Source: Allfunds, 2023 results presentation (click on image to enlarge).

Allfunds is now at a stage where it's experiencing the famous flywheel effect. Its business won't grow in a straight line, and it's inevitably somewhat exposed to everything that is going on in the world. However, it's highly likely that in five, ten and 20 years, this will be a bigger, more profitable company by far.

Before too long, a particular kind of bidder should come back and make a realistic offer.

Repeated M&A noise

It's not surprising that it was Euronext which had a go at taking over Allfunds.

Exchanges run similarly scalable, asset-light platforms. Many have significant excess cash to put to use, and they want to stay within their circle of competence and buy comparable businesses. In recent years, Euronext has bought several market infrastructure companies, including a sovereign debt trading venue and a clearing house.

Similar to that, the London Stock Exchange nowadays makes just 4% of its revenue from fees on trading stocks. Instead, it's now one of the world's leading financial data groups. This was further spurred by its 2019 takeover of Refinitiv, a rival to Bloomberg that the exchange paid USD 27bn for.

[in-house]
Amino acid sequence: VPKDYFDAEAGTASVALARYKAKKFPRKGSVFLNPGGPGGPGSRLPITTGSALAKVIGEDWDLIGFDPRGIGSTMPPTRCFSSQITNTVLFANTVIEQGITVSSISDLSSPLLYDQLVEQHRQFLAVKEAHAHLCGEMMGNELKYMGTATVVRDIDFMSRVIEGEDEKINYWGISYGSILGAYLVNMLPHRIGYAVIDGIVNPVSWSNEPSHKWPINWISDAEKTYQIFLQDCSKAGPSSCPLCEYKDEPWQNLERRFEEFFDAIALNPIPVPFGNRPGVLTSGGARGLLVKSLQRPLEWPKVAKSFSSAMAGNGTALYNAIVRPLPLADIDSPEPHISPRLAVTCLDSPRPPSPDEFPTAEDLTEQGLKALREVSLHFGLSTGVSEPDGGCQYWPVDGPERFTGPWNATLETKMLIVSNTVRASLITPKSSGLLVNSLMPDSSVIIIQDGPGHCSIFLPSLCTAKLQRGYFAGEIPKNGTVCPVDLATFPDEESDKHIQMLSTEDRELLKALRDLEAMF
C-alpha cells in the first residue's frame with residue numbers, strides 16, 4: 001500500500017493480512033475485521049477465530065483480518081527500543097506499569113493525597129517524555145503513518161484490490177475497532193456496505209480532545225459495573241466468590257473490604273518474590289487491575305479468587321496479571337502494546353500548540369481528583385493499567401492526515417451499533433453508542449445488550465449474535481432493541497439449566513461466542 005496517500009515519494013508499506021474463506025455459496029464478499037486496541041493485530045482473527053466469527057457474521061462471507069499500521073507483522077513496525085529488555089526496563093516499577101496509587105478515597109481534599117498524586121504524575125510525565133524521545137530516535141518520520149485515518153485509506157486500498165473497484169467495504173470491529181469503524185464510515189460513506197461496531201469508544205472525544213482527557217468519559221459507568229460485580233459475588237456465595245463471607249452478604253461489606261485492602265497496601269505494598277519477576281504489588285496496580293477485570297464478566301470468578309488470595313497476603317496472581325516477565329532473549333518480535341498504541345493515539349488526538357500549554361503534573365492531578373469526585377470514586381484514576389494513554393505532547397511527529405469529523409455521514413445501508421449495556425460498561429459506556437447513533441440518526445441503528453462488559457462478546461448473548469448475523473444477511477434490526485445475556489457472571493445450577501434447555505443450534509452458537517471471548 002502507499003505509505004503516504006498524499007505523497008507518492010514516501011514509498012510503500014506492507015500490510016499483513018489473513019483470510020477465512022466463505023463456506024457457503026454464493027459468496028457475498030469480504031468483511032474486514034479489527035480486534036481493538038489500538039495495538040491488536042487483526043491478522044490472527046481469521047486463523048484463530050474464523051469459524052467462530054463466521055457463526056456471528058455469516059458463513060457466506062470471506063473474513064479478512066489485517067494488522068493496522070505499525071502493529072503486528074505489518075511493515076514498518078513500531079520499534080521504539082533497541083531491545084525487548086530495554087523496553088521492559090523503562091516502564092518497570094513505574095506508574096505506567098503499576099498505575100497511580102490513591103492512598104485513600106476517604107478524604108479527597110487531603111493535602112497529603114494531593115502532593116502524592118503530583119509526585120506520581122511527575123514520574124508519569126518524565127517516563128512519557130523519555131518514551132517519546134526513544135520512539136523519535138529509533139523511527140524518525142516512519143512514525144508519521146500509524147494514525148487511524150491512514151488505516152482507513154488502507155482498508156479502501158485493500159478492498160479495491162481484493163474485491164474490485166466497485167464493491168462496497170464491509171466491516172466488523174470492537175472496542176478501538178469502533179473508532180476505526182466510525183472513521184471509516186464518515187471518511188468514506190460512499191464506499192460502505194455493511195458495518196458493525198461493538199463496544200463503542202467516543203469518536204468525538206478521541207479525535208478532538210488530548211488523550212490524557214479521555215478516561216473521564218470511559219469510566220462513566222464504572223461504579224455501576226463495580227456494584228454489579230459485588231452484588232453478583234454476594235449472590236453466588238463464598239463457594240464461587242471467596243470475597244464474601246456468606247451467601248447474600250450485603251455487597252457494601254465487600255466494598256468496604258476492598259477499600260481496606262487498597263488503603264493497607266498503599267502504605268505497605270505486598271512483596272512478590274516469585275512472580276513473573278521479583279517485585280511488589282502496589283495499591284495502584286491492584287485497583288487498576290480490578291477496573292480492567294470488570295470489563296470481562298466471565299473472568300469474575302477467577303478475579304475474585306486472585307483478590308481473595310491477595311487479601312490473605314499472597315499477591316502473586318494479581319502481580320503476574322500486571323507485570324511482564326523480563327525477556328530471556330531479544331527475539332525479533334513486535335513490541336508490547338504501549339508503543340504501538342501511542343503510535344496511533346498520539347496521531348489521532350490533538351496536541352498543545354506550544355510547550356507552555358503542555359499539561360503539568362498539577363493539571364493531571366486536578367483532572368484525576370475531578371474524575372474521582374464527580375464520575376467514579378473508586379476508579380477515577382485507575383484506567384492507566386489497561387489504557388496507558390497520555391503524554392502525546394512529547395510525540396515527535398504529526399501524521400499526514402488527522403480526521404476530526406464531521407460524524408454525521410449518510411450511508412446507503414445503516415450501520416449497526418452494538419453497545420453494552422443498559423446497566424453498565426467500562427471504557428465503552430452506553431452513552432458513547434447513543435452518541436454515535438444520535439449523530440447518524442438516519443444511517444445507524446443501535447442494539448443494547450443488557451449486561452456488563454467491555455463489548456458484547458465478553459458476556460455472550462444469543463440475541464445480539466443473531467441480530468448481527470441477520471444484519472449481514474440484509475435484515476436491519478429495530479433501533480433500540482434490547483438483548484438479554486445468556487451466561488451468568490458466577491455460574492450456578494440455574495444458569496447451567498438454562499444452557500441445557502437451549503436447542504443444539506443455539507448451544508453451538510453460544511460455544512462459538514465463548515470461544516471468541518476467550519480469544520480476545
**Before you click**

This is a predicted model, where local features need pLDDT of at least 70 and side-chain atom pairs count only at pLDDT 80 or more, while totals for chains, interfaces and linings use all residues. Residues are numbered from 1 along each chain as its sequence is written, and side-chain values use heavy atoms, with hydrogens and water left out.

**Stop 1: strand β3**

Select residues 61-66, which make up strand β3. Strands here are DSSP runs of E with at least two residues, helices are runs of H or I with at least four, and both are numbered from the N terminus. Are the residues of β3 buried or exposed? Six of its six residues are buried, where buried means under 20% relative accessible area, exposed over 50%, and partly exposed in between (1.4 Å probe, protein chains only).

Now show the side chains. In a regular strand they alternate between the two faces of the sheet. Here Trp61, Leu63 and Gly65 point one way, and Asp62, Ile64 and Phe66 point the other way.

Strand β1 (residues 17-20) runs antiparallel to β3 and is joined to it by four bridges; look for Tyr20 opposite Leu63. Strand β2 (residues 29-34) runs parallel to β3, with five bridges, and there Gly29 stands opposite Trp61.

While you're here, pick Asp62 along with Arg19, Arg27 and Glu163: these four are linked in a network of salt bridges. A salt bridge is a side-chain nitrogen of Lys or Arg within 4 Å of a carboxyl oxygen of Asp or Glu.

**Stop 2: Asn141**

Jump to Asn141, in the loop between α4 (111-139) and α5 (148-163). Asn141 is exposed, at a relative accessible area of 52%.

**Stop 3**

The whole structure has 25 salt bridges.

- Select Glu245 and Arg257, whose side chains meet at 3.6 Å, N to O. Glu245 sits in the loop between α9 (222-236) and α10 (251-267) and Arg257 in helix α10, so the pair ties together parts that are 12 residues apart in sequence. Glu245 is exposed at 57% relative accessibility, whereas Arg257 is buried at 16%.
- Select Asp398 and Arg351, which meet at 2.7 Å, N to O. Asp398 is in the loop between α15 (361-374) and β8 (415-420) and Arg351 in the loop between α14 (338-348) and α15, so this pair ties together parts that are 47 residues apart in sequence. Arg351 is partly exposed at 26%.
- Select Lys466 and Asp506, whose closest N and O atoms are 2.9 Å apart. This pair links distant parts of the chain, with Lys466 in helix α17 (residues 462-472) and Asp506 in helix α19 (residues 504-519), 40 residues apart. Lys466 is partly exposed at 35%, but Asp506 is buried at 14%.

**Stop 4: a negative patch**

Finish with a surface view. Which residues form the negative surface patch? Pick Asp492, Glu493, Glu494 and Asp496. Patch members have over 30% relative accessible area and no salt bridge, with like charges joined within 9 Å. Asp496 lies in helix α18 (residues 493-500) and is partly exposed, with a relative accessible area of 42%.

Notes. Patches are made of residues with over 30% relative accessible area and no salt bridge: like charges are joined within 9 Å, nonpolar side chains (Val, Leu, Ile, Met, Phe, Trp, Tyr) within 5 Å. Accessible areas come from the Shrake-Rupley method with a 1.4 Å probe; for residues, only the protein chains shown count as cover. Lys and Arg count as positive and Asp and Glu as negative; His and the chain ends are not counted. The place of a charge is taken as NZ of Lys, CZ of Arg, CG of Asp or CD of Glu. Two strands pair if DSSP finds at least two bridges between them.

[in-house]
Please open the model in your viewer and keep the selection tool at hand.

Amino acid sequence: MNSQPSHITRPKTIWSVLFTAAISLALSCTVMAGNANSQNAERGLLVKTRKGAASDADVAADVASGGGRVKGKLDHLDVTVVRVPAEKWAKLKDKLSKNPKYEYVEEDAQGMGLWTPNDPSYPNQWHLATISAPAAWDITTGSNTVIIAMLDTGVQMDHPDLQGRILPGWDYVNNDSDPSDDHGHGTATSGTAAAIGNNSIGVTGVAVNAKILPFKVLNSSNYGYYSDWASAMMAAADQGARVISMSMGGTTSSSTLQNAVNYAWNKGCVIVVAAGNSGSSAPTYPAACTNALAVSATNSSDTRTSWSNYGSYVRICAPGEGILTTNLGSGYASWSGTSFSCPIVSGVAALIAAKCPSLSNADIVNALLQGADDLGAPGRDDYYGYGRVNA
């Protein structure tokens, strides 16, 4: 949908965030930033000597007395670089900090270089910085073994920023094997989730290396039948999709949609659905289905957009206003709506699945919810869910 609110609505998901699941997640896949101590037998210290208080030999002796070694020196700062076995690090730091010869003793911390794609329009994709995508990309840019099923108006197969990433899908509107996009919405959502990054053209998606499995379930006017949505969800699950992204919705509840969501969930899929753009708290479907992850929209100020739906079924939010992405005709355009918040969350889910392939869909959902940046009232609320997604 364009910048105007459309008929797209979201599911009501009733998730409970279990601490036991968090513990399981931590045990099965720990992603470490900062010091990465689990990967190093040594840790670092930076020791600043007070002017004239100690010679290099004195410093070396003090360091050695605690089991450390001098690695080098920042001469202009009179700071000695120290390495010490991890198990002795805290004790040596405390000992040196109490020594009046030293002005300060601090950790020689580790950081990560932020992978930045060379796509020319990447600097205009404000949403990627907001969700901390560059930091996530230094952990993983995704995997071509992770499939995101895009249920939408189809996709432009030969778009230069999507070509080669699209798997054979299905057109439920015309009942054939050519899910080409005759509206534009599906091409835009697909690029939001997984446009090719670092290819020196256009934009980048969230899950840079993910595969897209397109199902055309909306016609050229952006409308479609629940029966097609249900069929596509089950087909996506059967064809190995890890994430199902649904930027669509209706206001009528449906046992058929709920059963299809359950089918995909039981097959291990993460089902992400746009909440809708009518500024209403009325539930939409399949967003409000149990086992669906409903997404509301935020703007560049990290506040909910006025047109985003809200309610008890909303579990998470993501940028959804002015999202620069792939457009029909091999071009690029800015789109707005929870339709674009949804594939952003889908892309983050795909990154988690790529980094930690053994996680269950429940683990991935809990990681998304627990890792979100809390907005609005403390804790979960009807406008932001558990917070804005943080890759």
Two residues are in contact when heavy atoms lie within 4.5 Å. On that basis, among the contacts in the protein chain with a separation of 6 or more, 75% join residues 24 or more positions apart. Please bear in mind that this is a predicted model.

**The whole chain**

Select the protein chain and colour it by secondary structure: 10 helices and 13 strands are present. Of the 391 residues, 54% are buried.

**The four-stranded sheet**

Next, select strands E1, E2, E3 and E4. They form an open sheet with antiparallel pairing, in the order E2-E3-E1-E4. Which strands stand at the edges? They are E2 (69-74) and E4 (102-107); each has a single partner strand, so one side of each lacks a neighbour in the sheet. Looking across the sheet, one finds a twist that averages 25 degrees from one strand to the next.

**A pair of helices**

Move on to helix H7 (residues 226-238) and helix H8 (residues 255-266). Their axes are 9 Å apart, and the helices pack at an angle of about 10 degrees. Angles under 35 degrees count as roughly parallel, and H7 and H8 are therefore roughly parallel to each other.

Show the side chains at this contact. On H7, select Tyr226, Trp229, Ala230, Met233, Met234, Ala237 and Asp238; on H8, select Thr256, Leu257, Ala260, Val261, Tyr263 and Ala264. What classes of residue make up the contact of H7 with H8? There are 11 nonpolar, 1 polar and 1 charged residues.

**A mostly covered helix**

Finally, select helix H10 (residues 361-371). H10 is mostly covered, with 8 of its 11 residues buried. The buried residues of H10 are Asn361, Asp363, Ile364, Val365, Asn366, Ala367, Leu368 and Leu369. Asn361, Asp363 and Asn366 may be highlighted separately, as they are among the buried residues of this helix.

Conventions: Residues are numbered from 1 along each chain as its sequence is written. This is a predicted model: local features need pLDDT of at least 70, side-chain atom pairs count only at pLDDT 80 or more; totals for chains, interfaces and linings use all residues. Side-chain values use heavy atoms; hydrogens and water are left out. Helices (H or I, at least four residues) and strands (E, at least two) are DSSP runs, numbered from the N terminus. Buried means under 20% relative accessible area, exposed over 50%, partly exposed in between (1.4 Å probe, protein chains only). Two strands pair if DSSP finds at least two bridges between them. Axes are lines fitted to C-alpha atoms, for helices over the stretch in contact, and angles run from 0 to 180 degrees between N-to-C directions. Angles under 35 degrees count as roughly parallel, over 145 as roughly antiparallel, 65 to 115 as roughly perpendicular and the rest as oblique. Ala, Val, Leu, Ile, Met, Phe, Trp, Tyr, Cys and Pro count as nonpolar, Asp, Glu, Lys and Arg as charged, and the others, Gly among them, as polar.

The entire idea of purchasing a capital-light business that benefits from secular growth trends, with a high percentage of recurring revenue and growing economies of scale is something that appeals to every other private equity company. When Reuters published the rumours about Allfunds in January 2024, it also reported:
"Funds including Advent, Brookfield, CVC and KKR have shown an interest, two people familiar with the process said."

It's clear that the market does not really appreciate what Allfunds has to offer. When a global firm like Euronext dangles a EUR 8.75 offer in front of investors, only for the stock to fall back to EUR 6.60, it's evident that Allfunds does not appeal to public market investors.

The issue does *not* seem to be that Allfunds' management was against a bid altogether. As Reuters reported:
"Amsterdam-listed Allfunds is working with Goldman Sachs and Citigroup on a strategic review that could lead to a sale and has also attracted interest from private equity firms, two other people with knowledge of the situation said."

There is likely a sense of realism in Allfunds' corporate headquarter. Hellman & Friedman together with BNP Paris control 46% of the shares. These are financial institutions that will accept an attractive offer when it's made. Allfunds is on the block by virtue of being controlled by fickle financial investors. Everyone knows that it's a potential target, and it's merely about the price.

Management will maximise the price

Allfunds is another firm that was featured at annual value investor conference Value Spain (see also last week's Weekly Dispatch about Denmark's Ørsted). Julio Utrera, senior analyst at SouthEastern Asset Management in London, presented the case to the audience.